But, dear God, where is my mind taking me? Forgive me, most faithful servant of the Lord, for this long digression. I have gone astray, I have wandered from the subject. I wanted to glorify the Lord within me and tell you something about the awful life I led up to the present. Who knows how far I might have gone if a great sob welling up from my heart had not almost suffocated me (2) and brought me to myself.

Pardon me. It is a man madly in love with his God who is speaking to you and deserves your pity.

But let us return to the subject I mentioned. In order to understand each other it should be observed that we have a twofold life. We have a natural life received from Adam through procreation and which is therefore an earthly and corruptible life filled with base passions and love of self. The other life is a supernatural one received from Jesus at baptism and therefore a spiritual, heavenly life by which we practise virtue. Baptism brings about a real transformation in us. We die to sin and are grafted onto Jesus Christ in such a way as to live by His very life. At our baptism we receive sanctifying grace which gives us life, a completely heavenly life, making us children of God, brothers of Christ and heirs to heaven.

Now if baptism causes every Christian to die to the first life and rise up to the second, it is the duty of each Christian to seek the things of heaven and not to care about the things of this earth. The apostle St. Paul suggests this to the Cobssians: If then, says this great saint, you have been raised with Christ, seek the things that are above,where Christ is, seated at the right hand of God. (3)

Yes, the Christian is raised up in Jesus at baptism. He is lifted up to a supernatural life and acquires the splendid hope of occupying a heavenly throne in glory. What an honour! His vocation demands that he aspire continually to the home of the blessed and consider himself as a pilgrim in this land of exile. The Christian vocation, I say, requires that we do not attach our hearts to this miserable world. The good Christian who really follows his vocation directs all his attention, all his study to securing eternal possession. He must look on the things of this world below in such a way as to esteem and appreciate only those which help him to obtain eternal things and must despise all things which do not help him to obtain what is eternal.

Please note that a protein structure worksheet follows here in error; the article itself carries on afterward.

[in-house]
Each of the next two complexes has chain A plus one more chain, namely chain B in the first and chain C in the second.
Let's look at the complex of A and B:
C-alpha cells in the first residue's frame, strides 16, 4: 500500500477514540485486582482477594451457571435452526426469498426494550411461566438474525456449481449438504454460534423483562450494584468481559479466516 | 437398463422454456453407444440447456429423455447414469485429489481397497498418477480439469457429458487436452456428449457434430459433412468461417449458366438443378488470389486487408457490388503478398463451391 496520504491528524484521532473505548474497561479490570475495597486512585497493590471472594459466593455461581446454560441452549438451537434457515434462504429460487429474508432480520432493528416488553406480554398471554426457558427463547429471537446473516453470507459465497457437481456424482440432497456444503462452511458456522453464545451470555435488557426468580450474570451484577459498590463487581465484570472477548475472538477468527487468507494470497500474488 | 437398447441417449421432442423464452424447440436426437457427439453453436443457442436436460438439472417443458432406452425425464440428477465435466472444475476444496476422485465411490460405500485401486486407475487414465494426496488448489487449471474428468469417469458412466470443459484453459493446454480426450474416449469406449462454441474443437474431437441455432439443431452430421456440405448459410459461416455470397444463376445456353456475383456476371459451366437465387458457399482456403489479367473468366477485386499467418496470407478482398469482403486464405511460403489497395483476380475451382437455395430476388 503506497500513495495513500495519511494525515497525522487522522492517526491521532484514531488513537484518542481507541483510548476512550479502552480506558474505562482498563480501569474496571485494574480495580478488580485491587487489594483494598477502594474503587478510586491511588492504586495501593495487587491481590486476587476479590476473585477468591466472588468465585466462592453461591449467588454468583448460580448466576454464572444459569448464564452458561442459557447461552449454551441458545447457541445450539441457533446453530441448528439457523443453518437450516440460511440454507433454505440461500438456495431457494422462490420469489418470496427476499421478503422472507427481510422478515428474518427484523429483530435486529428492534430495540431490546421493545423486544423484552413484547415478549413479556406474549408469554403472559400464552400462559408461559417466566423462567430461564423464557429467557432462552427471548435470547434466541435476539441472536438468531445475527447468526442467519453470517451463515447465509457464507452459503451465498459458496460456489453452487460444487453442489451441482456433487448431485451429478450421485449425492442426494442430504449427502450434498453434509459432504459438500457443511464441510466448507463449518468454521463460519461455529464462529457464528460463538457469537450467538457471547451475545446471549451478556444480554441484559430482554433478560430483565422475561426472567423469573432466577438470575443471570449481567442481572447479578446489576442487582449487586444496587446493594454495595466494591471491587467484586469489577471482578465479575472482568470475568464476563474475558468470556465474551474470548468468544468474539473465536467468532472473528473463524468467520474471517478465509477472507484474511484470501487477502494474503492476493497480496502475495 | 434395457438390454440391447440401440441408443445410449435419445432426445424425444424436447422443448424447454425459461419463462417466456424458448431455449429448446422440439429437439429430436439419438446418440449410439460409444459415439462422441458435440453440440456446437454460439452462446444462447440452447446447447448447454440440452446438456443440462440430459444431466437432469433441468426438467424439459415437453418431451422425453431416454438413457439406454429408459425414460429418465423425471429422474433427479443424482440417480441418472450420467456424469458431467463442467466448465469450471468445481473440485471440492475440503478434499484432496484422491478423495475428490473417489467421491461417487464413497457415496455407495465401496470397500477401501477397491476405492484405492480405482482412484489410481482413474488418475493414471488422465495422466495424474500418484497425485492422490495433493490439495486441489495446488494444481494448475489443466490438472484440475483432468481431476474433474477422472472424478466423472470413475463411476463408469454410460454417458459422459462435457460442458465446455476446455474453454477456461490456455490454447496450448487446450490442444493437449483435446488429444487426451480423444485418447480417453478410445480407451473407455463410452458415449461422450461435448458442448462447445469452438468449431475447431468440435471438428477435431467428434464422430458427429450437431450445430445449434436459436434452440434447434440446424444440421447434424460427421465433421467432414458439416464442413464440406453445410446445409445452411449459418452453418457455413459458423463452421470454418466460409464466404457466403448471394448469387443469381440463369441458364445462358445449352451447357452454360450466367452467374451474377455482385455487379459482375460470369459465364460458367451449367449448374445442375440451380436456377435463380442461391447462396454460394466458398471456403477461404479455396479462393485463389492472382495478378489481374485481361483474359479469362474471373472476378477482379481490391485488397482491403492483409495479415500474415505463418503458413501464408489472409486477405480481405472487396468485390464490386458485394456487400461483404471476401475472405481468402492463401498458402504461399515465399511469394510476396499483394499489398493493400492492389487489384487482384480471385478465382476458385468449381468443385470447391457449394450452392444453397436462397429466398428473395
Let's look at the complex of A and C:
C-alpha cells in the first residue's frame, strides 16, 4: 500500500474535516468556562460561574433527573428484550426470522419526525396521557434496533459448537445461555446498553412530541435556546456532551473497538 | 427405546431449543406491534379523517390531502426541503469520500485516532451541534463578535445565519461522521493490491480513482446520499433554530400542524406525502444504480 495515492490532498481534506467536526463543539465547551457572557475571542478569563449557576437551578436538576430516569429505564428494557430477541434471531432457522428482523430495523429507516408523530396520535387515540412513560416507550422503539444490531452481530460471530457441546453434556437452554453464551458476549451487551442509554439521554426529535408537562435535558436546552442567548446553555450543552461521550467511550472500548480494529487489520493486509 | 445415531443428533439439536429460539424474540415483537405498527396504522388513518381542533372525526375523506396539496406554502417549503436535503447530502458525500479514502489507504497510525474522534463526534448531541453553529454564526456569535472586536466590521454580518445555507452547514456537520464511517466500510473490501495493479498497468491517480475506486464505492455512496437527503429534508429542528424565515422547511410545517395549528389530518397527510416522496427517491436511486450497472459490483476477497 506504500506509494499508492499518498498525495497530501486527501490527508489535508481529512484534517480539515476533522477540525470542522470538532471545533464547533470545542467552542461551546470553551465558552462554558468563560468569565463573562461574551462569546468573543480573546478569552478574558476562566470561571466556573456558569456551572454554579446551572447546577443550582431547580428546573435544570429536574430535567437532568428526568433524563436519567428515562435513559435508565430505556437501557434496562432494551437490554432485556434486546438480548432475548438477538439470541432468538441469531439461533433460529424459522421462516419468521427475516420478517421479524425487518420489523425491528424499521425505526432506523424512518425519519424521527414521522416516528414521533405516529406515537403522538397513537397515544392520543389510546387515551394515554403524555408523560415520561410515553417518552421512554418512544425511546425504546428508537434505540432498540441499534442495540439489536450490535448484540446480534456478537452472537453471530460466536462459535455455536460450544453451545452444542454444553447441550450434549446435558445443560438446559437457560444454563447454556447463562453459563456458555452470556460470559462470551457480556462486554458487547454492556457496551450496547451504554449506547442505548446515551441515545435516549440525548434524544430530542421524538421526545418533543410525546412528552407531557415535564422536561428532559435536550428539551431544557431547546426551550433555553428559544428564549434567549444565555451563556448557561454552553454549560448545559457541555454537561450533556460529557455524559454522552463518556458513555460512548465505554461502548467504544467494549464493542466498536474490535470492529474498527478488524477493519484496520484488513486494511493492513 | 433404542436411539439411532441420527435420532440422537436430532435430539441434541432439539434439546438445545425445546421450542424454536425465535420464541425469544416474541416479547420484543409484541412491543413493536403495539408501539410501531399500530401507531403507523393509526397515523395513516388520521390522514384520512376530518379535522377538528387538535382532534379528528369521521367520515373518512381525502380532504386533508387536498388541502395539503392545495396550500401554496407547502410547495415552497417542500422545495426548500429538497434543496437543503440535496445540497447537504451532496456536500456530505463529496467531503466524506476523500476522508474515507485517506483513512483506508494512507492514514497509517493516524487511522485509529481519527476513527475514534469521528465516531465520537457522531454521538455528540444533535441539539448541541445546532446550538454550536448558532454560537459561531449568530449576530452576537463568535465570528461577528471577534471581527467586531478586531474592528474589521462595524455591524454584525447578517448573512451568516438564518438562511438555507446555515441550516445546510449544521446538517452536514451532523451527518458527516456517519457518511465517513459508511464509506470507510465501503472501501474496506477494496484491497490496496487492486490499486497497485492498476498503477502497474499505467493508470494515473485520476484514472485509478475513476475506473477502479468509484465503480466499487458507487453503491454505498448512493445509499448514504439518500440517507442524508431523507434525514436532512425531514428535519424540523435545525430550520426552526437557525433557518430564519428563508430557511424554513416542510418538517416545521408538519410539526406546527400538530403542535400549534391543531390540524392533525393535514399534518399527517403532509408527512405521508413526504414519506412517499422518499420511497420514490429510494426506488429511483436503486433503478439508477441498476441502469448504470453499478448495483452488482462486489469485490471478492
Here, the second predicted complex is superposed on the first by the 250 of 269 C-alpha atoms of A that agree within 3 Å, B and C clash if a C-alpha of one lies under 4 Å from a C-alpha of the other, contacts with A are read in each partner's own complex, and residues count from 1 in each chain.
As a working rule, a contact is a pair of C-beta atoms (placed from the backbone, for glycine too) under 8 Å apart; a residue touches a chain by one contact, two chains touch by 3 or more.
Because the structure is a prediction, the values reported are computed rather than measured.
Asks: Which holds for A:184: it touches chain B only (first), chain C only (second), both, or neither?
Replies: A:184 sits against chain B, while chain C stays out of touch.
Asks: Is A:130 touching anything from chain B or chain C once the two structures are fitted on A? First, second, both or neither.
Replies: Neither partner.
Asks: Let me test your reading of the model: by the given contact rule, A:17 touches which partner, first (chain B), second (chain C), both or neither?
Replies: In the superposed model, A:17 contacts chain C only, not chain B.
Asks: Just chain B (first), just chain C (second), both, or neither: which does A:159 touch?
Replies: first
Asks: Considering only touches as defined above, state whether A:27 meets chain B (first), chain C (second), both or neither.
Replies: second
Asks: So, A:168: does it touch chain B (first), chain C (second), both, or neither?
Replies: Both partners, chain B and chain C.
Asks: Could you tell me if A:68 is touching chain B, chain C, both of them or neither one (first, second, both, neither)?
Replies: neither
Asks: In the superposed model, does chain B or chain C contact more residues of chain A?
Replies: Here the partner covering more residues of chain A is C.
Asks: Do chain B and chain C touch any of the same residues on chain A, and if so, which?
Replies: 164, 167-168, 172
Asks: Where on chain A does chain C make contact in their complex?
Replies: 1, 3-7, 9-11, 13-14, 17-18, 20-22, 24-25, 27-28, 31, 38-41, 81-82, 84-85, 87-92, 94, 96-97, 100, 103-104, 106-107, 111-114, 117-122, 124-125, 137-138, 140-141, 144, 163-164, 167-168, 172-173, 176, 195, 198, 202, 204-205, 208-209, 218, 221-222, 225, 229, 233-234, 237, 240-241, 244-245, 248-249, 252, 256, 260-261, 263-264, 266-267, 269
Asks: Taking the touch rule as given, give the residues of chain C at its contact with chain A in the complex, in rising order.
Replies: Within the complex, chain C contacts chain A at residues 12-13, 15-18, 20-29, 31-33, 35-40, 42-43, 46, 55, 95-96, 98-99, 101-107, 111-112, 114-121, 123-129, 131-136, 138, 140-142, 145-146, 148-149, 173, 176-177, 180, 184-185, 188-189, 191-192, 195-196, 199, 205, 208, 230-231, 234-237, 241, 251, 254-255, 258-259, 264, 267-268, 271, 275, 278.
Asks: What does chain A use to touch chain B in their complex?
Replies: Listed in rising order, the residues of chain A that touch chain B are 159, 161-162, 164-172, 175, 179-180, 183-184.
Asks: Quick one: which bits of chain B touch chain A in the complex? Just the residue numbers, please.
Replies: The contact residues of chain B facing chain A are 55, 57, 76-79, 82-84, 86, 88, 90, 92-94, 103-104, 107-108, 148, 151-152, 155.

The Christian who has forgotten his true vocation and is merely a Christian in name, a worldly Christian, judges things quite differently. His judgment is the exact opposite to that of the Christian worthy of the name who lives according to the spirit of Jesus Christ. The former judges things from the point of view of their capacity to satisfy his vanity and his passions. The latter, on the other hand, invariably judges them in relation to eternal things.

Hence the one that is a Christian merely in name, the Christian in high society, sets a great value on honours, wealth, fleeting things, comforts and all that this wretched world has to offer. 0 foolish man, enter into yourself and remember that by your baptism you renounced the world and are dead to it. The Holy Spirit tells you so by the mouth of St. Paul: "You have died, and your life is hid with Christ in God" (4)

Remember, foolish one, that the life of those who live according to the spirit of Jesus will not always remain hidden and unknown. Remember what it will be in future in the Lordís day: "When Christ who is our life appears, then you also will appear with him in glory" (5). "Beloved, wrote St. John, the favourite apostle, for the comfort of the faithful, we are Godís children now; it does not yet appear what we shall be, but we know that when He appears we shall be like Him, for we shall see Him as lie is". (6)

Is the certainty of such boundless glory, O foolish one, not sufficient to make you enter into yourself and come to your senses, to live the rest of your life according to your vocation?

The life mapped out for the Christian by the apostle consists in stripping oneself of the vices of the old man, that is to say, the man of this world, and in clothing oneself in the virtues which Jesus Christ taught. As regards stripping oneself of the vices he tells us: "Put to death therefore what is earthly in you". (7) The Christian sanctified by baptism is not exempt from the rebellion of the senses and passions; hence the impelling need to mortify our passions as long as we live.